Wait a minute. You are from an ASEAN country? Are you sure you are not a mainland Chinese disguised as one of South East Asians seen all over places tirelessly repeating the CCP’s lines? What a crook! For ASEAN as a whole, no one trusts the big bad bully China except for the dictator Hunsen (ironically, he sold his country to the butchers in Beijing. Sadly, history is repeating in Cambodia). As matter of fact, ASEAN should be thankful of the Vietnamese because hadn’t them standing on China’s way on the southward march, then the entire ASEAN swallowed by the ever hungry China now. And by the way, what is wrong for the Vietnamese resisting the big bad bully China's expansionists?

LOL. What I should call you now, Be Way? A SEA guy, willingly sell his soul and body for those little emperors in Beijing, hoping from article to article commenting tirelessly just for 50 cents per post (maybe more). I am a quiet guy and you made me talkative.

Be Way
February 22, 2013 at 20:59

It's not a question of calm or not calm to our debate. It's a question of whether Vietnam can remain calm or not just after being peaceful for a few decades since the last disastrous Vietnam War. As far as we in ASEAN are concerned, we don't give a damn about your continuous historical rivalry with China but we are just concerned whether Vietnam belligerent behavior will lead towards another unnecessary bloodshed war with China or not, that will directly affect everyone of us in ASEAN.

Observer
February 22, 2013 at 16:45

@ vic

 

Sure, question of timing. Such as the Russians shot to death not one, not two, but several chinese poachers a few months ago, right? Funny how chinese media (print or internet) and chinese (in china or oversea) would not dare to say a word, not one. What is the matter? No chanting of "teach them a lesson" or "historic evidences" or "nuke them" or all the usual big empty threat and talk from china and chinese? 

 

Full of shame and humiliation all over again. So much for "china as the next Godfather". How sad and pathetic. Perfect example of china and chinese characteristics.

 

For those that are not familiar about Russia took all the land and slaughtered chinese like sheeps, read this: (moderators, these are not spam)

 

http://en.wikipedia.org/wiki/Treaty_of_Aigun  (Russia took over 600 thousands square kilometers of land from china, not just 400 as another poster said)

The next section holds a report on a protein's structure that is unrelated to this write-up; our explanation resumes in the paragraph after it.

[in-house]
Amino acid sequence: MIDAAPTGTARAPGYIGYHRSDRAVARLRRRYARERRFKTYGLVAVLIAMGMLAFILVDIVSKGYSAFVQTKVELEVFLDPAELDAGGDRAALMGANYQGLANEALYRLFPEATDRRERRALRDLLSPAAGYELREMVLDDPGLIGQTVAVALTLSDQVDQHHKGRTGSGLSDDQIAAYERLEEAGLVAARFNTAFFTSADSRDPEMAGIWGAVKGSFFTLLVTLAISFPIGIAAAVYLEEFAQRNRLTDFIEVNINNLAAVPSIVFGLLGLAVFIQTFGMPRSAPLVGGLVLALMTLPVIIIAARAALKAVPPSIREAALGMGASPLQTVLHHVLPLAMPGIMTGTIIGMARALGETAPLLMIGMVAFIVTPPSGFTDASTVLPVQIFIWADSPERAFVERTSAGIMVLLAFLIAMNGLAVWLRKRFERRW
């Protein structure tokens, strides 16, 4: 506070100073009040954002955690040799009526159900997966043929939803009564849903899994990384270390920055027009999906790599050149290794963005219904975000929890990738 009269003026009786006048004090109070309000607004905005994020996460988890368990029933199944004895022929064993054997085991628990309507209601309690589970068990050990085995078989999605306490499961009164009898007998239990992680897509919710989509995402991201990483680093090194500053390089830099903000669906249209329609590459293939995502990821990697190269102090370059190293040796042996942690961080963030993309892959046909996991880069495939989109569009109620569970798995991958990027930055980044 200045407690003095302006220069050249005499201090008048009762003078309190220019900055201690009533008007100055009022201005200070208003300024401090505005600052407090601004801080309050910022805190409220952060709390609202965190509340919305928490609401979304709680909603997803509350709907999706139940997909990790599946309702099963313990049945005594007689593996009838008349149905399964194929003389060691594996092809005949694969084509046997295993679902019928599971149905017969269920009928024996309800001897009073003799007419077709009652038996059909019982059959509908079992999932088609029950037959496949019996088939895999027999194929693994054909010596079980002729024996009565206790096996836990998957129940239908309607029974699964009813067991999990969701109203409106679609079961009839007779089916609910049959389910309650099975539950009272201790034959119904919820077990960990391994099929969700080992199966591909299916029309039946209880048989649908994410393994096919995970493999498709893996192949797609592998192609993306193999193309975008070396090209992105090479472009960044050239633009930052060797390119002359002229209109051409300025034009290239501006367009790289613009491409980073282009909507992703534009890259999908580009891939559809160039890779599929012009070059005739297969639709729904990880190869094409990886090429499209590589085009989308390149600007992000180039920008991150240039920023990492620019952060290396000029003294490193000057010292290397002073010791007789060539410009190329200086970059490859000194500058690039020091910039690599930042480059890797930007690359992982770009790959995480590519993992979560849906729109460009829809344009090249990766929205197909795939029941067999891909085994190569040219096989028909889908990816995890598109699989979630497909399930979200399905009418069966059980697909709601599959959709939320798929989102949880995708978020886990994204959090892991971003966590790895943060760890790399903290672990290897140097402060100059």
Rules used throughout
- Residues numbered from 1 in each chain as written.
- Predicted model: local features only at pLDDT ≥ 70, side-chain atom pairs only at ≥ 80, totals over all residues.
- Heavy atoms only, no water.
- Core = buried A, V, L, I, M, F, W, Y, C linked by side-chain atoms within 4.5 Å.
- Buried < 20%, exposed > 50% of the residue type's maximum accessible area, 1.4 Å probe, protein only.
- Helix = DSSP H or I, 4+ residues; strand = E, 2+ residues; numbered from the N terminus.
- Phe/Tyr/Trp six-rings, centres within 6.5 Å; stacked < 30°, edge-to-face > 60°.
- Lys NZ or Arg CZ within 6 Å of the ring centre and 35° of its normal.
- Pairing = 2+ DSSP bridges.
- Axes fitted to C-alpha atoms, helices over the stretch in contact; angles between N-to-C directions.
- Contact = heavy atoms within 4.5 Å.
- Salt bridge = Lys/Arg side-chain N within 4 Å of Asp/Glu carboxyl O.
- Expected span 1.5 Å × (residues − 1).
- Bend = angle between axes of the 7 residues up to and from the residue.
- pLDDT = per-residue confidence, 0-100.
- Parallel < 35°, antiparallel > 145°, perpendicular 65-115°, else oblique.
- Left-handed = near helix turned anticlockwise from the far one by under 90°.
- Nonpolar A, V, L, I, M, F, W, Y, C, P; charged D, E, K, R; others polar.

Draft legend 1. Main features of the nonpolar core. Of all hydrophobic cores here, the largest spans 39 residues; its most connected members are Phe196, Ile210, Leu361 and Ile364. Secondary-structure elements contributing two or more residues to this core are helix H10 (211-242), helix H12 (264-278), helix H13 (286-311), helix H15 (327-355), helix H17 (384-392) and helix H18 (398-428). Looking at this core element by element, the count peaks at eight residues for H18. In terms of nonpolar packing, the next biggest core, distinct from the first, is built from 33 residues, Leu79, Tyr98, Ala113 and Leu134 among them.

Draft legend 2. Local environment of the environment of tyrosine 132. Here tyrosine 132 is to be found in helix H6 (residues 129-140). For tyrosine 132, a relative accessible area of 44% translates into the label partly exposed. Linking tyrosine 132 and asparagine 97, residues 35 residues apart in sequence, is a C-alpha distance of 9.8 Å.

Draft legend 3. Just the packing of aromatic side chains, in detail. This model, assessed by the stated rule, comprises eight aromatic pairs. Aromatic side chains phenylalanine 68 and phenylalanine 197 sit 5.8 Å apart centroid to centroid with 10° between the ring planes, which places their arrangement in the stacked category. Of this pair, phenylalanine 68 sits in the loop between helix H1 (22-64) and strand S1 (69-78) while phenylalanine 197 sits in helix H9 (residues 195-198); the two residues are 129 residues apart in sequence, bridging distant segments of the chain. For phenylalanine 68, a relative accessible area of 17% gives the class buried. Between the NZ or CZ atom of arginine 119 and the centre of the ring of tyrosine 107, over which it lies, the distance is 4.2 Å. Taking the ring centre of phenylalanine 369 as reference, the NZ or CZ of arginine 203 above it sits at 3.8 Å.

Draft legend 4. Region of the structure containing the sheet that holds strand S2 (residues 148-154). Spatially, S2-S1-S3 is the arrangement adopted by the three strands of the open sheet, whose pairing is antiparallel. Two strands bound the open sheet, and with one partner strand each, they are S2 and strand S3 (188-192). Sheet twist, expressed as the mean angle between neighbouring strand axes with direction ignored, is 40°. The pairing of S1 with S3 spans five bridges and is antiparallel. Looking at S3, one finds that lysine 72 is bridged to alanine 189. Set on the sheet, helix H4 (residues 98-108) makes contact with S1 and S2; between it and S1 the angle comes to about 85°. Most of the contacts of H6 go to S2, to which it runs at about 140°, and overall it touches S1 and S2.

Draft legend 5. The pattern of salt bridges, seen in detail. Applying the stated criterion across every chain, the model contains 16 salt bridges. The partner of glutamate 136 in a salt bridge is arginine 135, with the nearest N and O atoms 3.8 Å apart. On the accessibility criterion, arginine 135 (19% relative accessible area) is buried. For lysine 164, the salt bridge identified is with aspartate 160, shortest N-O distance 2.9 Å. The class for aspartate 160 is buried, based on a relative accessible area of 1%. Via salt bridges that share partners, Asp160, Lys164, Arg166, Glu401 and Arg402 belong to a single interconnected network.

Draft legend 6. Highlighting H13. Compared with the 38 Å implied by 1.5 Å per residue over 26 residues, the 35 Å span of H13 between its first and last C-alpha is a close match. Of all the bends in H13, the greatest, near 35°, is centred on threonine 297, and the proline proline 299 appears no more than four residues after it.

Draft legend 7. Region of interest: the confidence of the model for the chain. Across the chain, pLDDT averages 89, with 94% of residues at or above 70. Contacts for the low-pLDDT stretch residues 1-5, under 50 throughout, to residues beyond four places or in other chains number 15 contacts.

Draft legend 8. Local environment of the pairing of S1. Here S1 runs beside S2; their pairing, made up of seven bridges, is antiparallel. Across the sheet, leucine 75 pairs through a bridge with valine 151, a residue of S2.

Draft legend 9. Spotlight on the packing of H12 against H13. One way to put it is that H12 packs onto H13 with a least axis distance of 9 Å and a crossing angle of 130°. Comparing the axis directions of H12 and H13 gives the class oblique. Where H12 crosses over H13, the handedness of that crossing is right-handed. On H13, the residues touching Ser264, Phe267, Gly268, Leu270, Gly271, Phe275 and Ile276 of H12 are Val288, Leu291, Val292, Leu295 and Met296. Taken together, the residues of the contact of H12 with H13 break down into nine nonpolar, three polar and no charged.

http://en.wikipedia.org/wiki/Amur_Annexation

 

 

 

Cam
February 22, 2013 at 10:08

China might have big number of guns, modern ships and millions of soldiers but NO fighting skills. I repeat NO FIGHTING SKILLS and most importantly NO FIGHTING SPIRIT, even it comes to defending their own country. Please tell readers here when China won any major wars either against big or small countries? If I were you, probably I would not brag like that.

vic
February 22, 2013 at 09:39

It's all a question of timing.  The Russians know it, and the Chinese know it.

Kim's Uncle
February 22, 2013 at 05:10

Well China loss over 400,000 sq km of outer Manchuria but still don’t dare to ask the Russians to return them? This just proves how weak they are! A lot of talk but nothing to show for it!

Cam
February 22, 2013 at 00:26

@Be Way,

Calm down, boy. I started to see you lose your cool and you ruined your own debate by “I-don’t give a damn thing”. Anyway, I proved my point is that China is never a peaceful country throughout its history, at least to the Vietnamese, unlike you falsely claimed. Have nothing more to say to you.

Observer
February 22, 2013 at 00:06

@ be way said "Vietnam should go back to China".

 

Sure, right after china goes back to Japan (rapes of nanjing) , Britain (Opium Wars), Machuria, and Mongolia.

 

As another poster said above, china repeatly tried and tried to swallow little Vietnam for the last few thousands years, got slaughtered and still mad about it.

 

Let check the history, shall we? Funny how you and other chinese posters would not brag about these facts. What is the matter? So shameful of your ancestors pathetic fighting skill or rather, lack of it?

 

1979 – ten of thousands PLA soldiers lay dead at the border.

1788 – Emperor Nguyen Hue defeat over 200K Quing soldiers in less than 1 week.

1427 – Emperor Le Loi defeated over 300K Ming soldiers.

1257, 1284 and 1288 – Commander Tran Hung Dao defeat between 300K -500K Mongols/Yuan (chinese slaves) soldiers. No country on Earth would able to achieve such thing, beat the fearsome Mongols not one, not two, but THREE TIMES.

 

938 Battle of Bach Dang River - the end of china reign forever.

 

A mind is a terrible thing to waste. Use it, comrade. How pathetic.

 

 

Be Way
February 21, 2013 at 19:52

@Cam,

Honestly we don't give a damn of your historical rivalry with the Chinese as your enemy tomorrow could well turn to be the French, the Americans, Japanese or even the Cambodian, Laotian or Thai. On top of your neverending squabblings with external enemies, it's a shame of the Vietnamese that there are so many bloodsheds caused from your own internal conflicts ranging from your centuries of Nguyen, Tinh, Trieu, Ngo, Dinh and etc rivalries where it's the penchant of barbarity and brutality of every Vietnamese to fight amongst themselves with their base animal instincts instead of being rational and levelheaded.